Le Figaro, Le Monde and Libération are France’s newspapers of record, the Presse de référence. While the national edition of Le ParisienAujourd’hui en France, may have a larger circulation, I believe that these three  best represent the voices of the French establishment: Le Figaro, the center right, Le Monde the center left, and Libération the left.

Yet French newspapers, like the French, are different from their American counterparts. The New York Times’ mantra “all the news that’s fit to print” which expresses the American concept of newspaper of record does not work for these publications. Nor are they written in the classical liberal style of Anglo-American journalism that places a premium on “fair and balanced reporting”. These three, along with most all French newspapers, are advocacy newspapers. They begin with a partisan stance on an issue and report on the news through that lens.

This article in Le Figaro is an example of European advocacy journalism. The story published on 20 Oct 2012 entitled  « Des identitaires occupent une mosquée de Poitiers » reports that a group young French nationalists, or nativists occupied the site of a mosque under construction in the city of Poitres.  They unfurled a banner with the phrase 732, Génération identitaire — a reference to the name of their organization and the date in which Charles Martel defeated a Moorish army that had invaded France — halting the expansion of Islam into Europe.

Before I dive into this article, I want to say I am not so much interested in the events in Poitres but in the reporting on the events. What I see in this story from a center-right newspaper on a religio-political topic is a typical example of advocacy reporting.

The article is Le Figaro‘s first report on the incident and is framed to show the newspaper’s dislike of Génération identitaire and their politics. It begins not with a description of events, but with a condemnation of the group by Socialist prime minister Jean-Marc Ayrault. The who/what/when/where/why are cited in paragraphs two, three and four with the report that a mouvement d’extrême droite (extreme right) had occupied a mosque under construction in protest to the « l’islamisation de la France ».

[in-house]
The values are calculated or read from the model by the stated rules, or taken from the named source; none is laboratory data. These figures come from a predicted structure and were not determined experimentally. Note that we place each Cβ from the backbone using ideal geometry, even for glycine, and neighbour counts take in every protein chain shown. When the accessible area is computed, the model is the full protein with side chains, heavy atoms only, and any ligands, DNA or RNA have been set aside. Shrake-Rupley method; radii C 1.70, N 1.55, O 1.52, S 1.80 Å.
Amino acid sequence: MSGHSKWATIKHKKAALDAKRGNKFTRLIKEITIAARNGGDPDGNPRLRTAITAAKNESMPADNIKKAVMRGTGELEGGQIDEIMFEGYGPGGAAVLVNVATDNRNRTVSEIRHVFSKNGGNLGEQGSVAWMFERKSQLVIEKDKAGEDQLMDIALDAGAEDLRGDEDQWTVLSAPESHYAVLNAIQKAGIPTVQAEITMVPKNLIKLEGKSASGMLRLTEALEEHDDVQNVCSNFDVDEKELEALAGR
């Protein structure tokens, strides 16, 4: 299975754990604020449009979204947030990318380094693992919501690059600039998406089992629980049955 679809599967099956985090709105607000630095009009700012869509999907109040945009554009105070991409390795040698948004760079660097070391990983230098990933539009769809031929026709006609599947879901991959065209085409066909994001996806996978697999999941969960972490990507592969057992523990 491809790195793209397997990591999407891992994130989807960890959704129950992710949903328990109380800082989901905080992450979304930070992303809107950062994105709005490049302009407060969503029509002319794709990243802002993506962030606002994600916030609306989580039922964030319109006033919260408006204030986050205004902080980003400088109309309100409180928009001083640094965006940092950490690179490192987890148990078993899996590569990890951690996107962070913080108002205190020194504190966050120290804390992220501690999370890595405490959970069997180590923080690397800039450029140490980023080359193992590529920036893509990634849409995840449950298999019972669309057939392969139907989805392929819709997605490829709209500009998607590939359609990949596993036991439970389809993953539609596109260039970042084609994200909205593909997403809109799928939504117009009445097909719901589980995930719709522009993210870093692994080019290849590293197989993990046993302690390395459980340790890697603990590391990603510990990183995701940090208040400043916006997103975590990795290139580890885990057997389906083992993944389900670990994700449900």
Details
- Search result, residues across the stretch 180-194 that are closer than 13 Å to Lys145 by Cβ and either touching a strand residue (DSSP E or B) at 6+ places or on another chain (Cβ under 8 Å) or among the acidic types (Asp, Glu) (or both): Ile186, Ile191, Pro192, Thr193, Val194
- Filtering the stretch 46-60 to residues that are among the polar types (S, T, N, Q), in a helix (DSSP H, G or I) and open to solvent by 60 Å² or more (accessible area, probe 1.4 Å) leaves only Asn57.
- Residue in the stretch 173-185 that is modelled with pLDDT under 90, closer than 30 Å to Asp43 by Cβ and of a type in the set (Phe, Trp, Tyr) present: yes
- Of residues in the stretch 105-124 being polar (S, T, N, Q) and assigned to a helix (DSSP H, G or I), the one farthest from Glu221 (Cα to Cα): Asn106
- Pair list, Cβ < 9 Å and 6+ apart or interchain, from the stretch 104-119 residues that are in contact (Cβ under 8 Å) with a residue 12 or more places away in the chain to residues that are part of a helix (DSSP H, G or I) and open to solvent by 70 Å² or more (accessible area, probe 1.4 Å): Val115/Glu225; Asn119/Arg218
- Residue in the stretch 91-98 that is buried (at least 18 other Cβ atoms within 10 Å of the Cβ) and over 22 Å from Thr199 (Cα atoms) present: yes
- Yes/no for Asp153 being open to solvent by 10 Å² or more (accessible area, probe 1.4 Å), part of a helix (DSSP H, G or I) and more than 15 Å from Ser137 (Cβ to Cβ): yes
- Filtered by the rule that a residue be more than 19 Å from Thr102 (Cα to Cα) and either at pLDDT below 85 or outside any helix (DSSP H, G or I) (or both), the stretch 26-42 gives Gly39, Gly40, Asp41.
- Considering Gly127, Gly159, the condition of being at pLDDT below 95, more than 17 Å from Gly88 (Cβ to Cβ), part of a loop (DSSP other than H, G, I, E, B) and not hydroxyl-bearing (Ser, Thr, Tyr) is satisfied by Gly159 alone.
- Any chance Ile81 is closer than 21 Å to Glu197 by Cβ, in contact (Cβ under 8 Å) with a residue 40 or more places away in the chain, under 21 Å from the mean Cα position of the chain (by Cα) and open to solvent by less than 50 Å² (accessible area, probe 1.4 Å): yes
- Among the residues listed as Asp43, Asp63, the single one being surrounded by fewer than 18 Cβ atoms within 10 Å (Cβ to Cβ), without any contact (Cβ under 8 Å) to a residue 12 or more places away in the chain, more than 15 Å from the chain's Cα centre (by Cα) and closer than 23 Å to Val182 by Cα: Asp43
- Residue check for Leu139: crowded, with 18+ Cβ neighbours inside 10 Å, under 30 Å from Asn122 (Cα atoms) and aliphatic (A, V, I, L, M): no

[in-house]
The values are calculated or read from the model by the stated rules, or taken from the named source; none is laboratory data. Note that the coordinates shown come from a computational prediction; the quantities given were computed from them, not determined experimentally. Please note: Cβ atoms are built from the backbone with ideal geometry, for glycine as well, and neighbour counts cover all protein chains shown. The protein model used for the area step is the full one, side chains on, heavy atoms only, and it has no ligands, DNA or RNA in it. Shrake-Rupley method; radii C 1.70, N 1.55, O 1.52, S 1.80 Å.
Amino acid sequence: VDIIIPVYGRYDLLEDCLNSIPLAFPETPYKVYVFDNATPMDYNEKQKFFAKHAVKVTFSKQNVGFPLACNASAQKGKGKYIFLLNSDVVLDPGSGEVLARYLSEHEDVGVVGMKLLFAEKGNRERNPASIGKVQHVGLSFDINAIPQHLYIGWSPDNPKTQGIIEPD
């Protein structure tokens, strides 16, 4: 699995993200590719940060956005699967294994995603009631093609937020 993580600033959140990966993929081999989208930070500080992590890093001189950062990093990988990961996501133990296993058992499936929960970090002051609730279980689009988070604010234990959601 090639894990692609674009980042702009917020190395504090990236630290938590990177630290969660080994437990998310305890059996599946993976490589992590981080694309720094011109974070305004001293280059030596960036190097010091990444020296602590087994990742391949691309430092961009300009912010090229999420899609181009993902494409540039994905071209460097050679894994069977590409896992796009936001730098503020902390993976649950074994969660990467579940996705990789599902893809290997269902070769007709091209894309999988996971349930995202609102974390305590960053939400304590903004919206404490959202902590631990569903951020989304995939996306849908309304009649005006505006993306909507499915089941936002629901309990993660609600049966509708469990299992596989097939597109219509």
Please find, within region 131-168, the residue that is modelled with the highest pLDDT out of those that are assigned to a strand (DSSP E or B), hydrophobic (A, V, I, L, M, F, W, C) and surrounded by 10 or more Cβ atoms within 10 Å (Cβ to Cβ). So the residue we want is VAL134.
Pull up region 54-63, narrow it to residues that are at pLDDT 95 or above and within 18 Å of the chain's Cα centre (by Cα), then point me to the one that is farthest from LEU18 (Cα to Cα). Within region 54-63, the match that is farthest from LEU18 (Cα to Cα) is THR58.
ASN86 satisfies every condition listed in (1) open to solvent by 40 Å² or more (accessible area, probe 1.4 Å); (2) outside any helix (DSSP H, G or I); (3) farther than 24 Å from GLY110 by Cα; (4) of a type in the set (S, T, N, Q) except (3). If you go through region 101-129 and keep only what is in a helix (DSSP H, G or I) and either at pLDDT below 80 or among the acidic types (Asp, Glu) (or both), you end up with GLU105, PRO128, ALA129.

Jean-Marc Ayrault a «condamné fermement» samedi l’envahissement du chantier d’une future mosquée par une soixantaine de militants qui protestaient contre «l’islamisation de la France». Trois organisateurs ont été placés en garde à vue.

Une soixantaine de manifestants du mouvement d’extrême droite Génération identitaire ont occupé pendant quelques heures samedi matin le chantier d’une mosquée en construction à Buxerolles, à côté de Poitiers.

Les manifestants souhaitaient protester contre «l’islamisation de la France». Ils ont déployé une banderole sur le toit de l’établissement portant la mention «732, génération identitaire», en référence à l’année 732 où Charles Martel a arrêté la progression des troupes musulmanes au nord de Poitiers. «Nous ne voulons plus d’immigration extra-européenne ni de nouvelle construction de mosquée sur le sol français», est-il indiqué sur le site de Génération identitaire.

Here is a links to an English-language France 24 report on the issue. And for a sympathetic account, here is a story from Frontpage magazine.

Le Figaro then moves on to a litany of objections, denunciations and complaints against Génération identitaire. The prosecutor of Poitiers, Nicolas Jacquet, lists the crimes the Occupy Poitres movement have committed. The prime minister is quoted as having “strongly condemned” the action which was an act of “aggression against the Republic and its values.” The minister of the interior is quoted as saying his ministry will deal with the group with the “utmost firmness”, while the Socialist and Communist Party leaders have called for a ban on the group and their prosecution for “incitement to racial hatred.” And not to be outdone, the Radical Party said that calls to end immigration of Muslims from North Africa to France “are poisons that divide our society.”

The second day story from Le Figaro continues in this line. « Mosquée occupée: quatre militants en garde à vue » reports that four leaders of the group of 73 young people remain in jail. On top of this news is a condemnation of their temerity in protesting against the virtues of multi-culturalism.

What is wrong with this, you might ask? From an advocacy journalism perspective, nothing at all.  The reader is given sufficient facts and told what to think about the incident. The voice of Le Figaro is the voice of God, or reason (this being France after all) and one must believe.

The voice not being heard is that of Génération identitaire.  The group has a website, and has even translated its materials and proclamations into English. Nor did Le Figaro solicit voices from the French political establishment that might agree with the viewpoint, if not the tactics, of Génération identitaire. There is nothing from the Front national, the Mouvement National Républicain or the Mouvement pour la France.

Is it accurate, or fair to say that opposition to immigration is a conservative or “far right” phenomena? Have not trade unions historically been opponents of immigration? While the Front national, Mouvement National Républicain and Mouvement pour la France oppose the Islamisation of France, they do not share a common economic policy or foreign policy.  The Front national is protectionist and socialist on economic issues while the other two support classical liberal economic policies — free markets. Which policy determines whether your are right wing — immigration, economics, foreign affairs?